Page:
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New tax would slow economy

As lawmakers in Washington, D.C., propose yet another battery of taxes specifically designed to punish the natural gas and oil industry, you must wonder if they ever bother to seriously consider the ramifications of continually attacking one of their favorite targets.

PricewaterhouseCoopers recently issued new analysis highlighting the significant contributions the natural gas, oil and fuels industries make in our country, including jobs, labor income and value added. The report shows that the industry has widespread economic impact throughout all sectors of the economy.

In 2019, for example, the natural gas and oil industry supported 11.3 million total jobs in the U.S., which resulted in $892.7 billion in labor income, or 6.8 percent of the nation’s overall total. The overall impact the industry had on our country’s GDP was nearly $1.7 trillion, or about 8 percent. Additionally, natural gas and oil companies generate billions in revenue for the federal and state governments in rent, royalties, excise taxes, severance tax and income tax payments.

In Ohio, which enjoys some of the nation’s lowest energy costs, the industry directly and indirectly supports 375,000 total jobs, or 5.3 percent of Ohio’s total employment. Natural gas and oil operations generate an additional 3.8 jobs in Ohio’s economy for each direct job in the industry. It also provides $24.7 billion in labor income and contributes $58.8 billion to Ohio’s gross domestic product. Ohio’s state motor fuels and severance tax collections alone generated more than $2.3 billion, according to the U.S. Census Bureau in 2019.

And here in the Mahoning Valley, natural gas and oil operations give us a sustainable, competitive advantage over most other communities in the nation on which to grow the economy. We have benefited from many billions of dollars in direct investment creating thousands of new jobs and producing everything from pipes to electricity. These have had a positive impact on our labor halls and the tax bases of our local governments, including schools.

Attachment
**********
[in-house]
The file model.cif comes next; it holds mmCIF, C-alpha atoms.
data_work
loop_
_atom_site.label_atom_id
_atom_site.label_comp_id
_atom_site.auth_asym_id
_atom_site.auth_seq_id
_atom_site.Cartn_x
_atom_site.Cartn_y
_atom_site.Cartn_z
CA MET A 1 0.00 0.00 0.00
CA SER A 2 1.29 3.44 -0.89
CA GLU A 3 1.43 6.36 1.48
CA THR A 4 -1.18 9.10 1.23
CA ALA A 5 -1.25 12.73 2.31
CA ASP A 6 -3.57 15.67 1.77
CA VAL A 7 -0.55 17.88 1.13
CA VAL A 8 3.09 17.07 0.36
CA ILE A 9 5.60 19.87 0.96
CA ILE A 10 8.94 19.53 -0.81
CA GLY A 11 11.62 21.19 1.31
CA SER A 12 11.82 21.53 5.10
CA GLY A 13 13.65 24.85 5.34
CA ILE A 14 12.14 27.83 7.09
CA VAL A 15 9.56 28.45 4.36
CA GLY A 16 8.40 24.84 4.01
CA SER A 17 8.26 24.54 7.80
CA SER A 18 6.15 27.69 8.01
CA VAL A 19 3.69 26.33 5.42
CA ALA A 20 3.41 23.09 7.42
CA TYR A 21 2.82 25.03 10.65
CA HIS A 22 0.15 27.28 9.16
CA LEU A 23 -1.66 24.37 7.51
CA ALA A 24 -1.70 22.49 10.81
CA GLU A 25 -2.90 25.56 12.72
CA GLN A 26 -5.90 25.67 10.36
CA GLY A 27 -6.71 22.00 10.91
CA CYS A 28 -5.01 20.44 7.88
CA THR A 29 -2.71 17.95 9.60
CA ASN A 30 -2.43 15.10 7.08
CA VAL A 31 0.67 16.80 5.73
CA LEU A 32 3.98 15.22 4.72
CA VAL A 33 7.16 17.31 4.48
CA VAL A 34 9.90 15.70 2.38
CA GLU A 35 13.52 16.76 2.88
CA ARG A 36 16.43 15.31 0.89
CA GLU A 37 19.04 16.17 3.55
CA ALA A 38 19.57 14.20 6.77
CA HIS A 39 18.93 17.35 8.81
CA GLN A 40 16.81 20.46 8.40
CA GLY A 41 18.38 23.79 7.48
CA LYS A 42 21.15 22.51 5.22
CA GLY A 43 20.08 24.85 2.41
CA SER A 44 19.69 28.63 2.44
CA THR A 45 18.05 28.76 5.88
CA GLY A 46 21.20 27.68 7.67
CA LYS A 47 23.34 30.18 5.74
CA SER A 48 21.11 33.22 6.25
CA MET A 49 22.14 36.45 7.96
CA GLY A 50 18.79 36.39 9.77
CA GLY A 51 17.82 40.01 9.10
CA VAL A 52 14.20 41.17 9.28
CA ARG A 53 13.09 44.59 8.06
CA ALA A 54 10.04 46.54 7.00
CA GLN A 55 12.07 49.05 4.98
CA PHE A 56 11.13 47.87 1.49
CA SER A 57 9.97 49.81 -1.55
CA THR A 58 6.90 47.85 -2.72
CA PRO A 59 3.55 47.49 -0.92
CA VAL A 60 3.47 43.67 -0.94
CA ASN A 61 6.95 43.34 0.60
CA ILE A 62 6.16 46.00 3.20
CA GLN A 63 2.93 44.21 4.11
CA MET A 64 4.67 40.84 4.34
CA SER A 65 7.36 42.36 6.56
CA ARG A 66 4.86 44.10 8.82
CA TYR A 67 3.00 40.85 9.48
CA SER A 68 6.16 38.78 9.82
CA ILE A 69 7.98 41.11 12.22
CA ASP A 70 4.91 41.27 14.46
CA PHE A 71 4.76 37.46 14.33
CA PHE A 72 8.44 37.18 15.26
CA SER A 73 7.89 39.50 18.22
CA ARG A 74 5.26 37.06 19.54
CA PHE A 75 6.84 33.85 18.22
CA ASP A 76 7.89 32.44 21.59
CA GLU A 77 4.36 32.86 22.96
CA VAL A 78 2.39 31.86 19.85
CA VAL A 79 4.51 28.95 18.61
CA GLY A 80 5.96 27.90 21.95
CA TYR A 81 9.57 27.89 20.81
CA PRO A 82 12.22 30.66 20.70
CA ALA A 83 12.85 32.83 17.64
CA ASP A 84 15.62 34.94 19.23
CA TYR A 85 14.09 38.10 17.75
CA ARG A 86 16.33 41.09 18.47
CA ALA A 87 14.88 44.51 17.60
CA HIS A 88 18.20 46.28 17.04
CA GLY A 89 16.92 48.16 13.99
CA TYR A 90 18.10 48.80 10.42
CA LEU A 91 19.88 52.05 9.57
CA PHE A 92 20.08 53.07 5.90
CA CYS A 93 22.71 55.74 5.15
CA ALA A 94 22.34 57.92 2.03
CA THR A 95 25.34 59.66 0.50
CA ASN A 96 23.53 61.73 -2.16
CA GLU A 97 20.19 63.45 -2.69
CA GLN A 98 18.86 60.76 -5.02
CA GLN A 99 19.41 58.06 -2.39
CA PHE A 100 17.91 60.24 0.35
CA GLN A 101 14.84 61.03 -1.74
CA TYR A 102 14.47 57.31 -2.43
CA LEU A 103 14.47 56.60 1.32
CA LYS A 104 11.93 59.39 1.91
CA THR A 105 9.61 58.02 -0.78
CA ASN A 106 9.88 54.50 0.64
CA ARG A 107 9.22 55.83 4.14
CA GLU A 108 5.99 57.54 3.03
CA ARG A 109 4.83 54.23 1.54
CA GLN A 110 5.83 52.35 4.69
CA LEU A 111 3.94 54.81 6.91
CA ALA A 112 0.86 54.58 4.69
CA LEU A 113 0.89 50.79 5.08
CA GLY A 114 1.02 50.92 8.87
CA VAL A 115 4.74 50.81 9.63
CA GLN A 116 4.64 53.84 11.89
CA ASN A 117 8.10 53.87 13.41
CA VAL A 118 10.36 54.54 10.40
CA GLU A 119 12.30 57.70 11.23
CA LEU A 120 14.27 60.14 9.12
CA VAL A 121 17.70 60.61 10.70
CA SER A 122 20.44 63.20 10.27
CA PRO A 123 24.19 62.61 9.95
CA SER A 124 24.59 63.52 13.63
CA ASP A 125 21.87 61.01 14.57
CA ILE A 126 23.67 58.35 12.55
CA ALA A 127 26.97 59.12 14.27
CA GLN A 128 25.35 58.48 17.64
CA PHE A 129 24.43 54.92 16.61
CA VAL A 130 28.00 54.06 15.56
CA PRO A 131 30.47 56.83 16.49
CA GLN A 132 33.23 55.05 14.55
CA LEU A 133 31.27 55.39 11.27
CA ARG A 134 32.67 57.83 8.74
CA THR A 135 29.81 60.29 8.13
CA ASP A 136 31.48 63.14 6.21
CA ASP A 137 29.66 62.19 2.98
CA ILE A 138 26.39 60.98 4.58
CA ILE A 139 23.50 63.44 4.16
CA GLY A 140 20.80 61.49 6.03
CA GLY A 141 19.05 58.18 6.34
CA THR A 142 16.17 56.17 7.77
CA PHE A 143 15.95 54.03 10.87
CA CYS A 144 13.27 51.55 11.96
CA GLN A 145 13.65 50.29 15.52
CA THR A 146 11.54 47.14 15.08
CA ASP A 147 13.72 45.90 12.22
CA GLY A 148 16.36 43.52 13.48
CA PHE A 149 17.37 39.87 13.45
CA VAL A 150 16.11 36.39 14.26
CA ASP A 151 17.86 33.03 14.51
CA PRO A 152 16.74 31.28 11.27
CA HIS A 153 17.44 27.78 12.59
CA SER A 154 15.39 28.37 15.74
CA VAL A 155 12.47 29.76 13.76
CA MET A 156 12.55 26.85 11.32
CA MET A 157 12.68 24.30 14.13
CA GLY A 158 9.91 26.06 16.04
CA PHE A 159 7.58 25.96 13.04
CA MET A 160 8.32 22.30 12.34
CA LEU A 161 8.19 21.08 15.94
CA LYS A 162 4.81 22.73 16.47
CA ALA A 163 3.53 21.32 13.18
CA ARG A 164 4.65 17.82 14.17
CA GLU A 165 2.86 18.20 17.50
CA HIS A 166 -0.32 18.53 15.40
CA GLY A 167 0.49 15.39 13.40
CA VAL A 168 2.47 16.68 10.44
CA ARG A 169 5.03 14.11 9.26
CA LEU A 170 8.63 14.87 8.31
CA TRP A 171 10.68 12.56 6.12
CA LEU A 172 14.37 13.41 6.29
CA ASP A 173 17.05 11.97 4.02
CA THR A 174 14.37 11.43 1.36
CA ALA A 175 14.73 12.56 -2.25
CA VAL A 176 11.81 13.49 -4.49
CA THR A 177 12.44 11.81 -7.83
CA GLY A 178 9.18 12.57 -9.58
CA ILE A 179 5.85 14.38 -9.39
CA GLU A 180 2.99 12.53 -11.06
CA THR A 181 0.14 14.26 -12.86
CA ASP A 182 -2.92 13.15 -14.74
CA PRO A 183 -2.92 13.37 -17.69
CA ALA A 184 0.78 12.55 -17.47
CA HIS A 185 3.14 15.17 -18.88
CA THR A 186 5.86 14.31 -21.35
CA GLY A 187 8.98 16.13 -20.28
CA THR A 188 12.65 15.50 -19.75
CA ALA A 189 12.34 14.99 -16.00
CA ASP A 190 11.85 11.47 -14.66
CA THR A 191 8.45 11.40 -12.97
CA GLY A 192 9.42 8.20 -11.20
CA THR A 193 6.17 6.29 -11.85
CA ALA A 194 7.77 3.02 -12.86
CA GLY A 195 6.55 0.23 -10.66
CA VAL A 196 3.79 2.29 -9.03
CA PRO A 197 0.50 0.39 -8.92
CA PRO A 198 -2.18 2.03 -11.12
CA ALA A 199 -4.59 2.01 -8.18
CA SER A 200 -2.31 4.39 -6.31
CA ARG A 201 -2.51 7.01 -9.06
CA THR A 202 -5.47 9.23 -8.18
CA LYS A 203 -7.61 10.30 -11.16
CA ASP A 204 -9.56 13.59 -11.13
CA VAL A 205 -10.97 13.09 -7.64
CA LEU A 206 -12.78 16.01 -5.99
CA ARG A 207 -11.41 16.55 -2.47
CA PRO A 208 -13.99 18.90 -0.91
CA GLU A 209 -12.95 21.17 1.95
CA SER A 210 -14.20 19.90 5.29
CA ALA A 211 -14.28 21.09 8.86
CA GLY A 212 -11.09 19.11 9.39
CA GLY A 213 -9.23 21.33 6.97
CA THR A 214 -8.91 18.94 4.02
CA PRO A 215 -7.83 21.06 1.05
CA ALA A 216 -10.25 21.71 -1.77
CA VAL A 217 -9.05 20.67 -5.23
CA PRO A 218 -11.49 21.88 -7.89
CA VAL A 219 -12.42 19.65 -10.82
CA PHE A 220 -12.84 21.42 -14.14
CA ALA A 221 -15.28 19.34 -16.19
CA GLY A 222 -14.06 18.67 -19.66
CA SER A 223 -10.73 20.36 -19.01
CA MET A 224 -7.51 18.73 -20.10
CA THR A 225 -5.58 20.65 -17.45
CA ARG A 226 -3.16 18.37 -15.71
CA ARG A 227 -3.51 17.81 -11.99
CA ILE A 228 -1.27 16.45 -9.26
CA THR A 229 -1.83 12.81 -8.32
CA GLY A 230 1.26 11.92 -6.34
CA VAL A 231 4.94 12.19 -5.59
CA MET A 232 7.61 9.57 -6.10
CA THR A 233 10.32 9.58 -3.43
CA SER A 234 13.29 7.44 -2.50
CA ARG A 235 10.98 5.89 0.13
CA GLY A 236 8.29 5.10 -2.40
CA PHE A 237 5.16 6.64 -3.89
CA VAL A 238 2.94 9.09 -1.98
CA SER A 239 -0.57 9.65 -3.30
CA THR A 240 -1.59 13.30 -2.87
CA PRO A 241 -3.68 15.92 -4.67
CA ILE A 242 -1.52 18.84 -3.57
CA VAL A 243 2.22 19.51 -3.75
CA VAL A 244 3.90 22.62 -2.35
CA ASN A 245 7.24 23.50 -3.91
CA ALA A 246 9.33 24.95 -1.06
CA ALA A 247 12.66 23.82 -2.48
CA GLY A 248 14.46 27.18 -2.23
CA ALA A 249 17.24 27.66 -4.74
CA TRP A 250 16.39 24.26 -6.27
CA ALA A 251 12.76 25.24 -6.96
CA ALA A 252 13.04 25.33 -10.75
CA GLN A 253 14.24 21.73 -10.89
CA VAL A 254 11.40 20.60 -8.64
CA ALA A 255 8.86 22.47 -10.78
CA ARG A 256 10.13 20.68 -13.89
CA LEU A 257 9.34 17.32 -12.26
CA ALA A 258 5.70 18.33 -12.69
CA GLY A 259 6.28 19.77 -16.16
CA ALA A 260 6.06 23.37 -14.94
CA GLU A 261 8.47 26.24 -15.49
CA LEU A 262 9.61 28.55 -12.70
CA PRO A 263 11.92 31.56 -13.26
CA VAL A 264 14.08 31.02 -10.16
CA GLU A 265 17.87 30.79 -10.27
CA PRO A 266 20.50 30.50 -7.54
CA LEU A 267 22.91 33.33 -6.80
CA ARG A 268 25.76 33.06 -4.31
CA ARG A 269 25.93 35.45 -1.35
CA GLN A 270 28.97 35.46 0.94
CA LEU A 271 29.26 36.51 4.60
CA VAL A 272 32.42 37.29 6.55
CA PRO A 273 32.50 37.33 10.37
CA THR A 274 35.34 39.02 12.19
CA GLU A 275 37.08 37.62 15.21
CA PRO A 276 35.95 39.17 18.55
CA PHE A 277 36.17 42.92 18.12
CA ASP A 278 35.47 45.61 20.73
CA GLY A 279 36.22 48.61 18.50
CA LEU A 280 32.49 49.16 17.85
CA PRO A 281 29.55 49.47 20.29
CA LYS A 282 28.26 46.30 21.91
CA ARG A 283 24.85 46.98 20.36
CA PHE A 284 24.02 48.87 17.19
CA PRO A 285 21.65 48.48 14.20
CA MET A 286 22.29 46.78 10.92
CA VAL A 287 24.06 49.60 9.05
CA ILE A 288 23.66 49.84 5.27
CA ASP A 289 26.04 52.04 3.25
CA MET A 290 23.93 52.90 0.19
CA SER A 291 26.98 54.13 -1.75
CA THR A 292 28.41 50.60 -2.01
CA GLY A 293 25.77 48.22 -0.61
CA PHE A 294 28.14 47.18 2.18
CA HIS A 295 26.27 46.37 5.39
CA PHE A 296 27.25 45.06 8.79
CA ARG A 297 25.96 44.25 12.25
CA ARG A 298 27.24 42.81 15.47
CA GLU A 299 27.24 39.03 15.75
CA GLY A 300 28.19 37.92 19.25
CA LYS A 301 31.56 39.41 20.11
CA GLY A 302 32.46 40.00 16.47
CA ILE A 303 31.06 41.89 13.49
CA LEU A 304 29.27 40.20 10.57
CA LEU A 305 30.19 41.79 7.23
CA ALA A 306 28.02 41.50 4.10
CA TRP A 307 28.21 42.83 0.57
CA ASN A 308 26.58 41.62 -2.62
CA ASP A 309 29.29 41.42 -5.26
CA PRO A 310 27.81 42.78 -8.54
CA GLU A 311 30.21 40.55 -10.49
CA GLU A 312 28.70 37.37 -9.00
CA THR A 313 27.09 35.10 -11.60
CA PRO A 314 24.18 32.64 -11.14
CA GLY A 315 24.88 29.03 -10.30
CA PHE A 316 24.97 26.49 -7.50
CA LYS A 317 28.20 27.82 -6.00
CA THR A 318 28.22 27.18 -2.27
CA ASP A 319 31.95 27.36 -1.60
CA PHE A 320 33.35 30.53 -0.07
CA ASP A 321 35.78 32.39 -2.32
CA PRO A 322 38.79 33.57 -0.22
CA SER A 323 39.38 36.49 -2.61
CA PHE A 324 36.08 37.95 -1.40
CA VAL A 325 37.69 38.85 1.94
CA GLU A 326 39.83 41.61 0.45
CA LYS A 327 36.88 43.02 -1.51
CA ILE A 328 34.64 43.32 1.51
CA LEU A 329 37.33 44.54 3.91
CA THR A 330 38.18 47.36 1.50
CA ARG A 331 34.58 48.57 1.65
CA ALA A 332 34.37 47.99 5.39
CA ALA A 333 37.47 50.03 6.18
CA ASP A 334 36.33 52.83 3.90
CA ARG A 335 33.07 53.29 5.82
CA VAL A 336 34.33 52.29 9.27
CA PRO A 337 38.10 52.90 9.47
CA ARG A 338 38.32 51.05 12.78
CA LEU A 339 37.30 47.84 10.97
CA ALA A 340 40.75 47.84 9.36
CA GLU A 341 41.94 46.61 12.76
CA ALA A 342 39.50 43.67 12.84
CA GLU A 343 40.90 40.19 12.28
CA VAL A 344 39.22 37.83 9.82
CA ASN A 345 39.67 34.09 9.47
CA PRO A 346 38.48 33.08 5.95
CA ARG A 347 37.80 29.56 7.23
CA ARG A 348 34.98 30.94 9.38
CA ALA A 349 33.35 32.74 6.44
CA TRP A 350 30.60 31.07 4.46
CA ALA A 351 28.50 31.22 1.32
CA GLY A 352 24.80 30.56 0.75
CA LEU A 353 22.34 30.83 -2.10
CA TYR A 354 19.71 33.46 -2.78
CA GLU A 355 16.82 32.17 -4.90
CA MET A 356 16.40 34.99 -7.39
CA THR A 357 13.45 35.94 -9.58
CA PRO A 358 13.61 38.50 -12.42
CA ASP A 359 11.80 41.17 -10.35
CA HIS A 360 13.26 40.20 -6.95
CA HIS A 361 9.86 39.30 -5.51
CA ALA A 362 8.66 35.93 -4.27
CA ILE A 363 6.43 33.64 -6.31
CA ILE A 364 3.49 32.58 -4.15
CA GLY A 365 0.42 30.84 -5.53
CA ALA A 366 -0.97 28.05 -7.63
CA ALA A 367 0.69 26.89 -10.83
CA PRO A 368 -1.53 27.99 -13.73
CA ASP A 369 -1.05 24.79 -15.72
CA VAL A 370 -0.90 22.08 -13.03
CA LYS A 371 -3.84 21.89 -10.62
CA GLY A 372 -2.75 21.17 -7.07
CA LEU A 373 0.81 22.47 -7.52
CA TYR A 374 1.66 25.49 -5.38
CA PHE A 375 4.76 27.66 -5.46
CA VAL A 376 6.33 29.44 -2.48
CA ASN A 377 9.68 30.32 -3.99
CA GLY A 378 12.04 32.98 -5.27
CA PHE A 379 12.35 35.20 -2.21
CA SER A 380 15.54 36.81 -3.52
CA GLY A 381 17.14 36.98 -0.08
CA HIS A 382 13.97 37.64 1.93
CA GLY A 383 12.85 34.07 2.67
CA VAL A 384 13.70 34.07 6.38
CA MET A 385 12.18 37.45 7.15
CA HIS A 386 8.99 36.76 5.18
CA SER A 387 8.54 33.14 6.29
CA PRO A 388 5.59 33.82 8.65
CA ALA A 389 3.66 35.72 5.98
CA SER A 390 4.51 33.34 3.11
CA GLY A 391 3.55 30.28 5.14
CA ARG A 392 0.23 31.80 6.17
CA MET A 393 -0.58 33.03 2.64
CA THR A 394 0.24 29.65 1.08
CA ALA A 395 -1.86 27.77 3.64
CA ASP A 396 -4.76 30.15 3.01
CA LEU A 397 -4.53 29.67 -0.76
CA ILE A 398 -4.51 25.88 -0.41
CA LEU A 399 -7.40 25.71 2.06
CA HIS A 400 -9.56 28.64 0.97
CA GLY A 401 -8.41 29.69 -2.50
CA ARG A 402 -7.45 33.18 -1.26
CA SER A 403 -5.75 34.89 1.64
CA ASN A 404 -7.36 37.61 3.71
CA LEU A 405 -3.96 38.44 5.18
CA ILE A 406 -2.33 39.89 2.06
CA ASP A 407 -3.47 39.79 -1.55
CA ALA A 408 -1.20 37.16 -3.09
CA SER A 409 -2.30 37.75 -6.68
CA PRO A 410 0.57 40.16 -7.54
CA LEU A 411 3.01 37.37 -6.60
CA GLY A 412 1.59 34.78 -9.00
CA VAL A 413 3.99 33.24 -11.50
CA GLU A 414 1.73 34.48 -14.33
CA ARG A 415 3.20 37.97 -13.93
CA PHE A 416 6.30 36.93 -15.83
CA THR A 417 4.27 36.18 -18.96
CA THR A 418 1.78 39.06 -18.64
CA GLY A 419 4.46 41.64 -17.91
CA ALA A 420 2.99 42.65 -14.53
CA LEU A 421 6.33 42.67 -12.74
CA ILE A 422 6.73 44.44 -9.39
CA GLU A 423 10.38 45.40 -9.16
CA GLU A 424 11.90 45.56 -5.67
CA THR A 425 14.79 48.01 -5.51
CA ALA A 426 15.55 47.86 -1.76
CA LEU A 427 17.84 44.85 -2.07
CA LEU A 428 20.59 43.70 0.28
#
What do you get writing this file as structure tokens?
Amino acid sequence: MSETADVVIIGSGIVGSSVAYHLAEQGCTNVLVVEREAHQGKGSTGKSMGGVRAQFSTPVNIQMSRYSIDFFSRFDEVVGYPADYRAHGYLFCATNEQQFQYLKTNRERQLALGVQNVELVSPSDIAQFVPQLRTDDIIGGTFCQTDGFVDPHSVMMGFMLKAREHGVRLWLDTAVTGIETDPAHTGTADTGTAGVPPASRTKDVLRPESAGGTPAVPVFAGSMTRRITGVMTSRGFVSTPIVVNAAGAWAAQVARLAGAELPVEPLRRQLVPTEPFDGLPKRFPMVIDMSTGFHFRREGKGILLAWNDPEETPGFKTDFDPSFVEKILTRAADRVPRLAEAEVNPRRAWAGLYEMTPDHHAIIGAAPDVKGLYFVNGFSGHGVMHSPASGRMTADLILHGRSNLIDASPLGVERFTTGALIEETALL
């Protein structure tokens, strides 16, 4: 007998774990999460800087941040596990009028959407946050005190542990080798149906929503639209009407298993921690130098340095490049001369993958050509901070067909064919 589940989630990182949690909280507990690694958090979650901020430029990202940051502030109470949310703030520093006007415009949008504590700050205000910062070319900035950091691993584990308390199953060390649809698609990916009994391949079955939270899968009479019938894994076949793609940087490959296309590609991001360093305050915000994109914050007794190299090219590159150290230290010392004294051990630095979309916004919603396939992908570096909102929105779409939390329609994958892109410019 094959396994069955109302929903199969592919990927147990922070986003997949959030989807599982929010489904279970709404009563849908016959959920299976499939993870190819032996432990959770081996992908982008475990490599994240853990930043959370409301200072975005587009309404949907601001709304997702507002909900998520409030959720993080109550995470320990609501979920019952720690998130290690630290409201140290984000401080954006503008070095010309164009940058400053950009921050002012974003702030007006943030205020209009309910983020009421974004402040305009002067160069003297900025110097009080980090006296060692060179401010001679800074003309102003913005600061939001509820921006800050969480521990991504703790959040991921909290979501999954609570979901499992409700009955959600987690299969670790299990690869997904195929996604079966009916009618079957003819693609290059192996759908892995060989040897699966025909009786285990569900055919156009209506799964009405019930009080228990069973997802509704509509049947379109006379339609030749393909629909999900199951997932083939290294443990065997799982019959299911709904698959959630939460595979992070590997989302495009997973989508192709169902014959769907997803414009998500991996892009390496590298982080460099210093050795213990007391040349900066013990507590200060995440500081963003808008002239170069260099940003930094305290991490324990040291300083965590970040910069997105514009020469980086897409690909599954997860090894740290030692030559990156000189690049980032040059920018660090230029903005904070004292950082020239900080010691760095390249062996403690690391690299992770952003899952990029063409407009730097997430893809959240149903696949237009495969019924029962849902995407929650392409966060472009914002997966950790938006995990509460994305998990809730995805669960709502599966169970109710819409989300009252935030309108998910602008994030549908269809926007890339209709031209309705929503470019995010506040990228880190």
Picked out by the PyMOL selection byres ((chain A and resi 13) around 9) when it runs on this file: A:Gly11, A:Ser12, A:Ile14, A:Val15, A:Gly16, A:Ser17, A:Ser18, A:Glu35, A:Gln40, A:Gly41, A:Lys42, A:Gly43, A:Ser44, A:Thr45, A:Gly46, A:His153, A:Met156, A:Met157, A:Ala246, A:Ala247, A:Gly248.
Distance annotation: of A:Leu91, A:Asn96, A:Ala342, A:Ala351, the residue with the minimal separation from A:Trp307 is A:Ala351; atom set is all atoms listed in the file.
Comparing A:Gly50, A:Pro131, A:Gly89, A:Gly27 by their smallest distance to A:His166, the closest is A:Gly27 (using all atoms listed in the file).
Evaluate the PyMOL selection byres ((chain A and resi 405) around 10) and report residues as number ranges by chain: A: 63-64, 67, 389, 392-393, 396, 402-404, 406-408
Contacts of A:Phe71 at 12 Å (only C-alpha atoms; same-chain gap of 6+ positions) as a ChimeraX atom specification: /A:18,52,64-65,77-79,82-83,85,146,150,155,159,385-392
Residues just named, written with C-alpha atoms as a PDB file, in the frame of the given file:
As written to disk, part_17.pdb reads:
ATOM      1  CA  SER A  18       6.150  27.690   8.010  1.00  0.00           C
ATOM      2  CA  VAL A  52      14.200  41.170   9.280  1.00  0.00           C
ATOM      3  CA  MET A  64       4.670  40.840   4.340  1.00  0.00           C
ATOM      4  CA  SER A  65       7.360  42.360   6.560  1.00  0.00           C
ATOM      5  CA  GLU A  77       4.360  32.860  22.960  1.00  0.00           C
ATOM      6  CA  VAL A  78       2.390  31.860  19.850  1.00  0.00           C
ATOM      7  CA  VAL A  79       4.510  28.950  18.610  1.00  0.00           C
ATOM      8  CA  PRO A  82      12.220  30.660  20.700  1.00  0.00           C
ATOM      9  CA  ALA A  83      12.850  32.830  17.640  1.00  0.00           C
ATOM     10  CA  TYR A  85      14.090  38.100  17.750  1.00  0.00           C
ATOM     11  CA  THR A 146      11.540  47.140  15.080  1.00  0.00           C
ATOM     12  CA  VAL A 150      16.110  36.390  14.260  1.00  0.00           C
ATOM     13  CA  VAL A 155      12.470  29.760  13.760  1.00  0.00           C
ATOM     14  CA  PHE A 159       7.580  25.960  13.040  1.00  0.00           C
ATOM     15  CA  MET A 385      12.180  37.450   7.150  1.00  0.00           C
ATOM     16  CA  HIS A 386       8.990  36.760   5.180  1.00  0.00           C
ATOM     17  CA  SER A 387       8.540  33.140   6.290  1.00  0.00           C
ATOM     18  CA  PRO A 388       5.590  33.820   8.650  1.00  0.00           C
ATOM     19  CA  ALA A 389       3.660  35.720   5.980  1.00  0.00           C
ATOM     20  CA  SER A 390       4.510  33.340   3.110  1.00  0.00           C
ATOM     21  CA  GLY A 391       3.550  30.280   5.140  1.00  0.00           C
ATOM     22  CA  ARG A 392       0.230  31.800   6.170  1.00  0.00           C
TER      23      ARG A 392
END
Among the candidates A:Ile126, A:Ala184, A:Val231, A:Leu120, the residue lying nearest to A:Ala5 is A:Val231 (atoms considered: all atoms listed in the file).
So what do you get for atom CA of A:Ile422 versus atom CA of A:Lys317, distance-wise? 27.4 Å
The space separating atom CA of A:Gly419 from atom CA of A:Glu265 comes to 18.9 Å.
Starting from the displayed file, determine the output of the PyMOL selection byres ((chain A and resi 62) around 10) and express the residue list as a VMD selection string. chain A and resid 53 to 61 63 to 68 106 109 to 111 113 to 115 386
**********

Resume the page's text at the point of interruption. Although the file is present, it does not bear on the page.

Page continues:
There is more to come if we continue to do this correctly.

However, should U.S. tax code changes target the natural gas and oil industry for another punitive measure, stripping it of standard allowances, it is exceedingly likely that high-paying jobs will be lost, energy costs will rise for American consumers and future capital investment will be jeopardized.

Contrary to what some claim, the natural gas and oil industry pays taxes on the same level playing field as the rest of the manufacturing sector. Since its inception, the U.S. tax code has allowed corporate taxpayers across the manufacturing sector, including the natural gas and oil industry, to recover costs related to job creation and other operational investments. These common tax mechanisms do not change how much tax is paid, only when the tax is paid, allowing companies to invest in developing technologies and other sustainable practices.

Few industries have done more to facilitate our nation’s growth by providing the affordable, abundant and reliable energy needed to fund schools, infrastructure and other critical social services needed to keep our country moving and its citizens safe and secure.

It is important that the Valley’s federal elected delegation, and all of Congress, keep these standard allowances for the natural gas and oil industry. The Valley, after all, plays a significant role in meeting our nation’s energy needs.

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